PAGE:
• 1972.9.19
    designated date
    Dongnaehak Dance is a school dance handed down from Dongnae area. The dance, which was usually performed during the Dongnae Yaryu or tug-of-war on the fifteenth of lunar January, was named Hakchum because a dancer wearing a gat on a dopo and dancing a deodebaegi dance, "Hakchum is like dancing."

    Dongnaehak Dance does not have a separate costume, but improvises in everyday clothes such as dopo, pants, socks, and tattoos. The accompaniment is composed of kkwaenggwari, janggu, gong, and drum, and the rhythm is Gutgeori rhythm.

    The dance includes a son-in-law who can move his hands wide, a son-in-law who raises his feet, a son-in-law who can see the crane spreading and cuddling its wings, a son-in-law who looks at the left and right sides, and a son-in-law Bae Kim-sae who moves lightly from side to side with his right feet bent forward.

    Looking at the composition, it is not organized in a certain order, like a general folk dance, but free-spirited improvisation and personal style are emphasized.

    Dongnaehak Dance is a dance of high artistic value expressed in elegant and elegant dance moves that harmonize natural and artistic beauty.

    Entertainment holders Yoo Geum-sun (Guum), and entertainment candidates Lee Sung-hoon (Infinite) are continuing their careers.
  • 1984.9.20
    designated date
    Yi Ok-hui was born in Buyeo, Chungcheongnam-do in 1936, and is also called Yi Il-ju.

    I learned how to play sound since I was young, and learned the basics of pansori such as Simcheongga and Chunhyangga from master singer Lee Gi-gon. After that, master singers Park Cho-wol, Kim So-hee, and Oh Jung-sook learned pansori and practiced their talents as master singers.

    Lee Il-ju sang the pansori part at Jeonju Daeseok Nori in 1979, sang Simcheongga and Chunhyangga at the Seoul National Theater in 1981 and 1983, and won the Jeollabuk-do Cultural Award in 1982.
  • 1995.9.20
    designated date
    The term "instrument head" means a person who has the skills or functions of making instruments used in traditional music, such as Janggu, Buk, Danso, Gayageum, Geomungo, etc. North Jeolla Province, the birthplace of Honam Nongak, has a regional characteristic of smooth production and distribution of high-quality pungmul instruments.

    Janggu is a representative rhythm instrument imported from the Song Dynasty of China during the Goryeo Dynasty and is widely used in various fields to this day. Also called jango or seyogo, it is used as a material for horse skin and cowhide.

    A drum is a musical instrument that is played with leather on a wooden container and knocks it together, often collecting various pieces of pine trees to squeeze the drum and putting cowhide on both sides. Most of the pieces used in court music were nailed down, but in the private sector, more were tied with leather straps.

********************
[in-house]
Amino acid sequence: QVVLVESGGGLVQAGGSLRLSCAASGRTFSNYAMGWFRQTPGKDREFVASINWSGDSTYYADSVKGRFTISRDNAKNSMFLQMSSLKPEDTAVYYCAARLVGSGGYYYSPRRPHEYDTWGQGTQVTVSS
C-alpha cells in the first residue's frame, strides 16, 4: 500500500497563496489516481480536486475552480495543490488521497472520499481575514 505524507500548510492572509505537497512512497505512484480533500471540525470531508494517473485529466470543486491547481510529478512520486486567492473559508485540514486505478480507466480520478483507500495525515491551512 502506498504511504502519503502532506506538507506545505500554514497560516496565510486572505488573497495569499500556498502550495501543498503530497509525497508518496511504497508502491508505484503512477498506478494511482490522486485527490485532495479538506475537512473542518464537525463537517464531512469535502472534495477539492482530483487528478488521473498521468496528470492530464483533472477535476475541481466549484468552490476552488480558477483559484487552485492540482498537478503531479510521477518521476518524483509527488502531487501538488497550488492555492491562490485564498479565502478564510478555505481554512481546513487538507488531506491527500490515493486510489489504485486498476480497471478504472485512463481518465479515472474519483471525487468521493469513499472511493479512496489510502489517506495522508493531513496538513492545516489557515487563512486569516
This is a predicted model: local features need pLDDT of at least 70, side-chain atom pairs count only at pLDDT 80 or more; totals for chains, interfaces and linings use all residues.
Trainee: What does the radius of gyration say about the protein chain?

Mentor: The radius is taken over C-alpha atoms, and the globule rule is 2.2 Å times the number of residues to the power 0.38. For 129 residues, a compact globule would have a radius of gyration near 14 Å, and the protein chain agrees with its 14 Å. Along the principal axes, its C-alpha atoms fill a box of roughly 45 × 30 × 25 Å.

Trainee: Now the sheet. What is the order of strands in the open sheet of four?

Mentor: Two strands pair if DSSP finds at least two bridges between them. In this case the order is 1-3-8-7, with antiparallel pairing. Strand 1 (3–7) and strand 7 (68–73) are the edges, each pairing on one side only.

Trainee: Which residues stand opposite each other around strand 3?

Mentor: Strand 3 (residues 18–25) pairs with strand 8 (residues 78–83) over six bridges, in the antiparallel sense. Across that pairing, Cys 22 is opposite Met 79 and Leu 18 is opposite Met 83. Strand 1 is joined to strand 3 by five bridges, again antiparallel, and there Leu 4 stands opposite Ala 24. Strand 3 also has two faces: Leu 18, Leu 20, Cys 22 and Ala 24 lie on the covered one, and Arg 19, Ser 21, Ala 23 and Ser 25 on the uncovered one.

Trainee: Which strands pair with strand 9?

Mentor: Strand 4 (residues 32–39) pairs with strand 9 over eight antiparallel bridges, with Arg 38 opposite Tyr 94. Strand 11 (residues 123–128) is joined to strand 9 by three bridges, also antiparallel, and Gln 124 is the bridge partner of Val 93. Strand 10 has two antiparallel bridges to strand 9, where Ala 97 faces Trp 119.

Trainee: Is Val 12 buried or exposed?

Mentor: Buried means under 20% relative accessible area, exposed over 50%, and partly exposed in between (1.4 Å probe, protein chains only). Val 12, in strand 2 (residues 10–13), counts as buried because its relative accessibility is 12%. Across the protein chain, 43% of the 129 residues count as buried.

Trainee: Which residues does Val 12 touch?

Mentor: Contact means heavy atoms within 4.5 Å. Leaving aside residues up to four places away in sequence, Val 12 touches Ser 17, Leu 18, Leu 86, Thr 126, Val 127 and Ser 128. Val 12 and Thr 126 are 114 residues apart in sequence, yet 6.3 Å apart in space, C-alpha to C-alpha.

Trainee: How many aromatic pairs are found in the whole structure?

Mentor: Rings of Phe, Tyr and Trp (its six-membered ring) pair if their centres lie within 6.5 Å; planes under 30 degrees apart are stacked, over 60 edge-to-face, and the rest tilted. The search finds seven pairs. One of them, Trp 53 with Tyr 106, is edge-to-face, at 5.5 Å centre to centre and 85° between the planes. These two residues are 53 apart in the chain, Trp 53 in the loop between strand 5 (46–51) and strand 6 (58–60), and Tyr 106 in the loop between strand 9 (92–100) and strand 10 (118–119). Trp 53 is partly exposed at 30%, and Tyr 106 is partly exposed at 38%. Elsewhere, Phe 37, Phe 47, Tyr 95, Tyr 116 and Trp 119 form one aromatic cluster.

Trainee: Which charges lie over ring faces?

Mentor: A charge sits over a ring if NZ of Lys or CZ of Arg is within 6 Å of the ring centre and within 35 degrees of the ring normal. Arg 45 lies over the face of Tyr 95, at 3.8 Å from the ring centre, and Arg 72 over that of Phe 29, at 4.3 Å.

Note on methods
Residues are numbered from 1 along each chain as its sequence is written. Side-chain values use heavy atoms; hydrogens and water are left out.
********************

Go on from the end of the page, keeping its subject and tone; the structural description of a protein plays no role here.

The Danso is a wind instrument that is made of a pole. There are five holes, one at the top and four at the front, but the fourth hole at the front is not used. The range reaches two octaves, and the tone is clear and clear. It is also used as a solo instrument, but is mainly used for ensemble with other instruments in chamber music.

    Gayageum is one of the most representative stringed instruments of its kind, and the Korean alphabet in the ancient literature is called Gayageum, and it is known as Beopgeum or Pungryu Yageum, which are used in Aak or Jeongak. The gayageum has 12 strings tied to silk thread on a narrow, long rectangular wooden board, and a small column of wood that can be easily moved by supporting the rope. The tone is clear and elegant, and has a wide range of performing techniques, so it is used in both aak and folk music.

    Geomungo, also known as cash, was first produced by Wang Sanak in the third to fifth centuries by improving Chinese instruments. The oldest document on how to make it is written in "The Evil Trapezius," which states that the front panel of Geomungo is made of paulownia, chestnut wood, and walnut wood. Geomungo was produced by order, the method of making was handed down to the oral tradition, and it is assumed that the level of production skill was also high because it had to satisfy the demanding needs of the scholars compared to other instruments.

    As a traditional craftsmanship, Go Yi-gon is recognized as the master of the Danso, Seo Nam-gyu as the master of the drum and janggu production, Kang Shin-ha as the master of janggu production, Choi Dong-sik as the master of geomungo production, and Ko Su-hwan as the master of the gayageum production.
  • 2010.9.20
    designated date
    Our telegraph operator Hwahye was originally a pair of boots with a neck, and Hye was divided into separate craftsmen because it refers to shoes with a short neck and no head, but in modern times these two technologies are collectively called "span class='xml2' onmouseover='up262' onmouse2' onmouse

    Ahn Hae-pyo, the owner of Hwahyejang, has a clear line of succession genealogy, which has been a family business since his grandfather at the end of the Joseon Dynasty. In other words, in the 1880s, his grandfather produced Heukhye, the shoes of the godfather and officials, and his father took over the family business and made the traditional shoes for a lifetime. Ahn Hae-pyo started to receive the functions of making telegraphy from his father in 1962 when he was 12 years old, and has continued his family business in earnest since 1969.

    It also inherits or stores tools such as 1920s' traditional painting capital, new copy, base copy, sand dune complex, wood hammer, shingol, awl and needle, window croaker, ruler, etc. used by grandfather and father, <span class='xml2' onmouseover='up2(6371)'onmouseout=\\\木靴/span>, <span class='xml2' onmouseover='up2(5705)' onmouseout='dn2()'dn2()'dn2(()태/span혜, <span class='xml2' onmouse='